The country’s construction industry appears to be booming, with recent Australian Bureau of Statistics data showing the sector enjoyed 13 per cent annual growth in 2014.
A recent Australian Financial Review report said this was the sector’s strongest performance in over a decade. Recruitment firm Hays Australia claimed the growth is leading to more businesses focusing on staff retention.
Adam Shapley, Regional Director of Hays Construction, said hiring practices in the building industry “remain buoyant”. As companies begin adding multiple projects to their books, the need for qualified permanent staff becomes increasingly important.
“The shortage of talent is becoming a critical issue for building firms and some employers are now increasing salaries and offering project bonuses to prevent quality staff from being poached by competitors,” he stated.
Filling skills gaps
One way the construction industry could tackle the skills shortage problem is by investing in apprenticeships. If your business is hoping to strengthen its talent pipeline through on-the-job training, now could be the perfect time to do further research.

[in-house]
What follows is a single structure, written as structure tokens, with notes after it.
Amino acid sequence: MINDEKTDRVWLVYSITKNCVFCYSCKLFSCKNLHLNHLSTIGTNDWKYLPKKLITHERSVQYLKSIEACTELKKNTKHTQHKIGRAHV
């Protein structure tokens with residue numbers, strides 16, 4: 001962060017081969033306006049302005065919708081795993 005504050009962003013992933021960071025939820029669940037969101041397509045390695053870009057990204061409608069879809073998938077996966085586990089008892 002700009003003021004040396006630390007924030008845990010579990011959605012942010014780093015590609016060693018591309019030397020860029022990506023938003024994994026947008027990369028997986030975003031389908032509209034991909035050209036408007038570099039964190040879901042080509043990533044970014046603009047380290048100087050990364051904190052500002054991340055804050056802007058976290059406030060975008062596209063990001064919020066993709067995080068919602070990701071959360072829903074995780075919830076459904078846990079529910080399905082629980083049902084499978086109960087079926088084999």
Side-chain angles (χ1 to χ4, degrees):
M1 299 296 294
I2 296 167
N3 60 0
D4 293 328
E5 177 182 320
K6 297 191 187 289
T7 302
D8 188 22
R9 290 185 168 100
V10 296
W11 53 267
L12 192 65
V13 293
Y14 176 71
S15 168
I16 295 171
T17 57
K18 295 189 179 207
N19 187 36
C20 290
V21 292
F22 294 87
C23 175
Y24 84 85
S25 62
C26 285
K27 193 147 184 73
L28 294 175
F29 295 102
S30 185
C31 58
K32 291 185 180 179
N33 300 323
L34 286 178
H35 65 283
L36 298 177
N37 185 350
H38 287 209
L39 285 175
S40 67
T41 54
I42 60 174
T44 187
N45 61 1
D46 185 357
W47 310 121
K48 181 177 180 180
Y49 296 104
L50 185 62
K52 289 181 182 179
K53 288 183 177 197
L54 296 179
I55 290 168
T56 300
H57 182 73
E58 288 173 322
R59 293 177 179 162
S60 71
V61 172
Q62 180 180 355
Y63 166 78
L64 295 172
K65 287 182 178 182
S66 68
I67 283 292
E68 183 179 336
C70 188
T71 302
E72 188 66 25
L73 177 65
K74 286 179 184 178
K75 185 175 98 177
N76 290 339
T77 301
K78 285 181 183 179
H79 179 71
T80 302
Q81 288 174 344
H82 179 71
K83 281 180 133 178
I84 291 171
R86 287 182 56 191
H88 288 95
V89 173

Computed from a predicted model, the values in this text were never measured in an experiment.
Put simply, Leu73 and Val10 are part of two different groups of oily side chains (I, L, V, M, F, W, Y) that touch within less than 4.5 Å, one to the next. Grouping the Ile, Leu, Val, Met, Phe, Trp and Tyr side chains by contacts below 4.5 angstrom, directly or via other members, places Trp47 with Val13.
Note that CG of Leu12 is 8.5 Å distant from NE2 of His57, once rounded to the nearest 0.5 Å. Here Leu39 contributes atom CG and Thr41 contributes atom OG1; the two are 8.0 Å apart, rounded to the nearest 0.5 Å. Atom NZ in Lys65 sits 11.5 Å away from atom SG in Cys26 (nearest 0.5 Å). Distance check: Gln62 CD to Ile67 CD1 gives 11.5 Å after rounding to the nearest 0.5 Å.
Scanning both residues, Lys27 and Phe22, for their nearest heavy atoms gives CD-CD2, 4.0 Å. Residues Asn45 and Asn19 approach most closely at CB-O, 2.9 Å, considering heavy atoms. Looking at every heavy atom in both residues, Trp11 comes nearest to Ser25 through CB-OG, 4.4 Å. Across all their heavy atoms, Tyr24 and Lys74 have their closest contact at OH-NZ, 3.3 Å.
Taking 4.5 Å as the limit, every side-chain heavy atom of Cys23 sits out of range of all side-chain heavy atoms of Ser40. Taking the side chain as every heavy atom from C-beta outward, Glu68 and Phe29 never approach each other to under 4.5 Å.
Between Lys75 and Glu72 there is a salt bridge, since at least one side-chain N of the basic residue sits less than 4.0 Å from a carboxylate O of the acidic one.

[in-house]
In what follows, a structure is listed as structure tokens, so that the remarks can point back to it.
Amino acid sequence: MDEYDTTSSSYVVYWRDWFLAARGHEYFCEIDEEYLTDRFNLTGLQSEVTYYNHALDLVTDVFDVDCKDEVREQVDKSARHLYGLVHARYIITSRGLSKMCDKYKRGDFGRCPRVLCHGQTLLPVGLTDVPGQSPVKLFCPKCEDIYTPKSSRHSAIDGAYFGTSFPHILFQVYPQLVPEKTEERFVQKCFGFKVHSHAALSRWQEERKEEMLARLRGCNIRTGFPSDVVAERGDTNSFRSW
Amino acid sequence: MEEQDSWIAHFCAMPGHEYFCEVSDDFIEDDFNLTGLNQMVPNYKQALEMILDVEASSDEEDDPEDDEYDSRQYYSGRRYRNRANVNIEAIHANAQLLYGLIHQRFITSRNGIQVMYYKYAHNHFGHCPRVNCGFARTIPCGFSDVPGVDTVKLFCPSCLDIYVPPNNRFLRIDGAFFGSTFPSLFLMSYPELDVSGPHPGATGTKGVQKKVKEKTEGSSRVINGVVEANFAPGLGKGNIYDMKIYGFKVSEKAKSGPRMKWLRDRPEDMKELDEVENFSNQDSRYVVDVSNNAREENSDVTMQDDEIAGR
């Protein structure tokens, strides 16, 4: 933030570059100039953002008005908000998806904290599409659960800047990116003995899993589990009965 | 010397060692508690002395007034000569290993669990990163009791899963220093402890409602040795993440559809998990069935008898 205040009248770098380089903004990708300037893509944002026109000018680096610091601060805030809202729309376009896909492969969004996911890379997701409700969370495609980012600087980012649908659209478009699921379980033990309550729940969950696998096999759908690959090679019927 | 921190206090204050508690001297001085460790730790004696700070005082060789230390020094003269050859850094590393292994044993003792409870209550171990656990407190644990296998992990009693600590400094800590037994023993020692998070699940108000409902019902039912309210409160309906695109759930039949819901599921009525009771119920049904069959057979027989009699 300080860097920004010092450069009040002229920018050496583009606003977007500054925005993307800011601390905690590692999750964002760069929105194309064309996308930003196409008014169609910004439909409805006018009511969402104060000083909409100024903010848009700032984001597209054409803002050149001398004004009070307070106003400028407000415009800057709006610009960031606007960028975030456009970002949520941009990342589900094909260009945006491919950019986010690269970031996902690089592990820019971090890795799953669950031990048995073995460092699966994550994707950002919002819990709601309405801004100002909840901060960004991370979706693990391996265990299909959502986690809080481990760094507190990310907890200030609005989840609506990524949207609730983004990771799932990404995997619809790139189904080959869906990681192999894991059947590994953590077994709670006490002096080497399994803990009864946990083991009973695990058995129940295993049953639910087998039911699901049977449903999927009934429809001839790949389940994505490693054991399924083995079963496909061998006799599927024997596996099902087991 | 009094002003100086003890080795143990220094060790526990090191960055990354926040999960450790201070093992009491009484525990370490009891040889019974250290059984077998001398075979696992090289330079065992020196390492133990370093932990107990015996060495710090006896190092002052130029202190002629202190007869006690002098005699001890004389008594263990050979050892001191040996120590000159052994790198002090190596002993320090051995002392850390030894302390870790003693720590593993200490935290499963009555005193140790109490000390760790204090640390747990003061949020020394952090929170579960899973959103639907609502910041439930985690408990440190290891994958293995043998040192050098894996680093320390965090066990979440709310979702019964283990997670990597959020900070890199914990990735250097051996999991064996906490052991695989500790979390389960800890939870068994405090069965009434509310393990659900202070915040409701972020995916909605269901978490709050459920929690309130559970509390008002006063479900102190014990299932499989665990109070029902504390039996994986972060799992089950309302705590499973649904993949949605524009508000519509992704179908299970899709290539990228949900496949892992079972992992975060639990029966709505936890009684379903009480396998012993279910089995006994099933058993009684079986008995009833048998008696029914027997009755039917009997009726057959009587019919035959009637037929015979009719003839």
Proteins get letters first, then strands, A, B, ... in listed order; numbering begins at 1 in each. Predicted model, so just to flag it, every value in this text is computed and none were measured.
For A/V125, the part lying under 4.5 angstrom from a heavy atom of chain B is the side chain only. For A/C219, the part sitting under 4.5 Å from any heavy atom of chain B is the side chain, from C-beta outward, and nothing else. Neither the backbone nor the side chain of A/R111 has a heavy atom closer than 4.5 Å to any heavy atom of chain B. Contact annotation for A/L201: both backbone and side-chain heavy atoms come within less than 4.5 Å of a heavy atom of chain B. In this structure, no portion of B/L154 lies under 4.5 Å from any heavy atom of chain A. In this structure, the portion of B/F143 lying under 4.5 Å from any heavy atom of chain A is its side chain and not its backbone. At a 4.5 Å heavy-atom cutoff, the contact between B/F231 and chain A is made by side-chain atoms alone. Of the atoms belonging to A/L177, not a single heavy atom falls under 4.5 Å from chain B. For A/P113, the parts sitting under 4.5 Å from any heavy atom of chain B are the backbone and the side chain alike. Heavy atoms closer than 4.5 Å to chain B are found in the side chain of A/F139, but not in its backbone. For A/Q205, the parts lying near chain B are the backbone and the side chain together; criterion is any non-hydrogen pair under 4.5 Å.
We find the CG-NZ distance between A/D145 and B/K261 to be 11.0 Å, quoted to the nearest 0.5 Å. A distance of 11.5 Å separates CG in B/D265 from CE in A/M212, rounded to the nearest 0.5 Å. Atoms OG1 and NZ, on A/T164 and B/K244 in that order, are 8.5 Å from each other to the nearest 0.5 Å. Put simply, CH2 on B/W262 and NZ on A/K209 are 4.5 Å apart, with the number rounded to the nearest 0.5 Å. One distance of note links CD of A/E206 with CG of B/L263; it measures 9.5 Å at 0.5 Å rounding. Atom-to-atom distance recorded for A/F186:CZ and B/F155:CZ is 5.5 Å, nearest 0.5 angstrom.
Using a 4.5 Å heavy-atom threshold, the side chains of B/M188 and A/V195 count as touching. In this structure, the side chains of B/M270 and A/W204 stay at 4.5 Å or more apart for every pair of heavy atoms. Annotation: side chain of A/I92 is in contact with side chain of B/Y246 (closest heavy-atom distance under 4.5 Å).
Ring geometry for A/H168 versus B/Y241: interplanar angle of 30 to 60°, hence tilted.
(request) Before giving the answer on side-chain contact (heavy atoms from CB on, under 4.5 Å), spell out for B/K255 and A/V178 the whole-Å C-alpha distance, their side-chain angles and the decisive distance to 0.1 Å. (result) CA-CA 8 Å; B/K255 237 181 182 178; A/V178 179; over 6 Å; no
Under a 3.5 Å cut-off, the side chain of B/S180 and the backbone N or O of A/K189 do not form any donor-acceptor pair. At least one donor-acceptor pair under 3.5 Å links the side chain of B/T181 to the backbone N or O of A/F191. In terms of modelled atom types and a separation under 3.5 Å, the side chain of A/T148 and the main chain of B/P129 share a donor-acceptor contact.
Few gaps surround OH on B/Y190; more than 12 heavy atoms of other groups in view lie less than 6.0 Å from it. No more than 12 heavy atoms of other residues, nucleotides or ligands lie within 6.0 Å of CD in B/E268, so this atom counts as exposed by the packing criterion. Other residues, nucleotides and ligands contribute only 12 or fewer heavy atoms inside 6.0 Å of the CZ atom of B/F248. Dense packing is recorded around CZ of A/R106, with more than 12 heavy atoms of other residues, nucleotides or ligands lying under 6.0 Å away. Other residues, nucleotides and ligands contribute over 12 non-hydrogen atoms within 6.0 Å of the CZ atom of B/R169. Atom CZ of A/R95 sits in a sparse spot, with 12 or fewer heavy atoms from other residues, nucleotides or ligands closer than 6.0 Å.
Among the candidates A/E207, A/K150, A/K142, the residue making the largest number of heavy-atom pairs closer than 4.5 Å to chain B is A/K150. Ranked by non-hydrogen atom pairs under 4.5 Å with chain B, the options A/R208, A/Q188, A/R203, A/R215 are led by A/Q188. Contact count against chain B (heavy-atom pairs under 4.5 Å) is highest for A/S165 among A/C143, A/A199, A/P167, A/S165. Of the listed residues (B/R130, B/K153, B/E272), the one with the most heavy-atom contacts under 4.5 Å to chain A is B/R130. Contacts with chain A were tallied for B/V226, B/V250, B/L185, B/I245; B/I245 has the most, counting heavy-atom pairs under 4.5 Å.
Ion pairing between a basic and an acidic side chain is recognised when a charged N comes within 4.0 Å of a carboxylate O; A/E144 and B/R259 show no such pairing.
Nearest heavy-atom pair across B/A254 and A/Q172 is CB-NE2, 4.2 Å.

Sign up to Apprenticeship Central to learn more about how taking on an apprentice could improve your staff retention. The site offers information, tools and resources that can help you gain a better understanding of the benefits of an apprenticeship.
You can also browse any candidates currently registered with Apprenticeship Central and use the Position Builder to design a clear, concise overview of any apprenticeships you decide to advertise.
Mr Shapley said training is a perk some organisations are already beginning to offer jobseekers, which could spell good news for construction apprenticeships.
“A trend we have noticed is for companies to upskill their workforce … Employers are looking for staff that have [the] potential to progress through their company and ultimately become site managers and/or project managers,” he stated.
The Hays research indicated building firms are forward-thinking in their recruitment habits, with many understanding the urgency of securing a strong workforce before it’s too late.
“By recruiting key people now, they are hoping that new hires can be promoted to management teams in two to three years’ time,” Mr Shapley stated.
Furthermore, some salaried employees are leaving their jobs to become contractors, as they can attract higher rates and enjoy a better work-life balance because skilled candidates are so highly sought-after.
Current in-demand roles include site and project engineers for high-rise residential developments, budget-conscious estimators and workers qualified for fit-outs and refurbishments.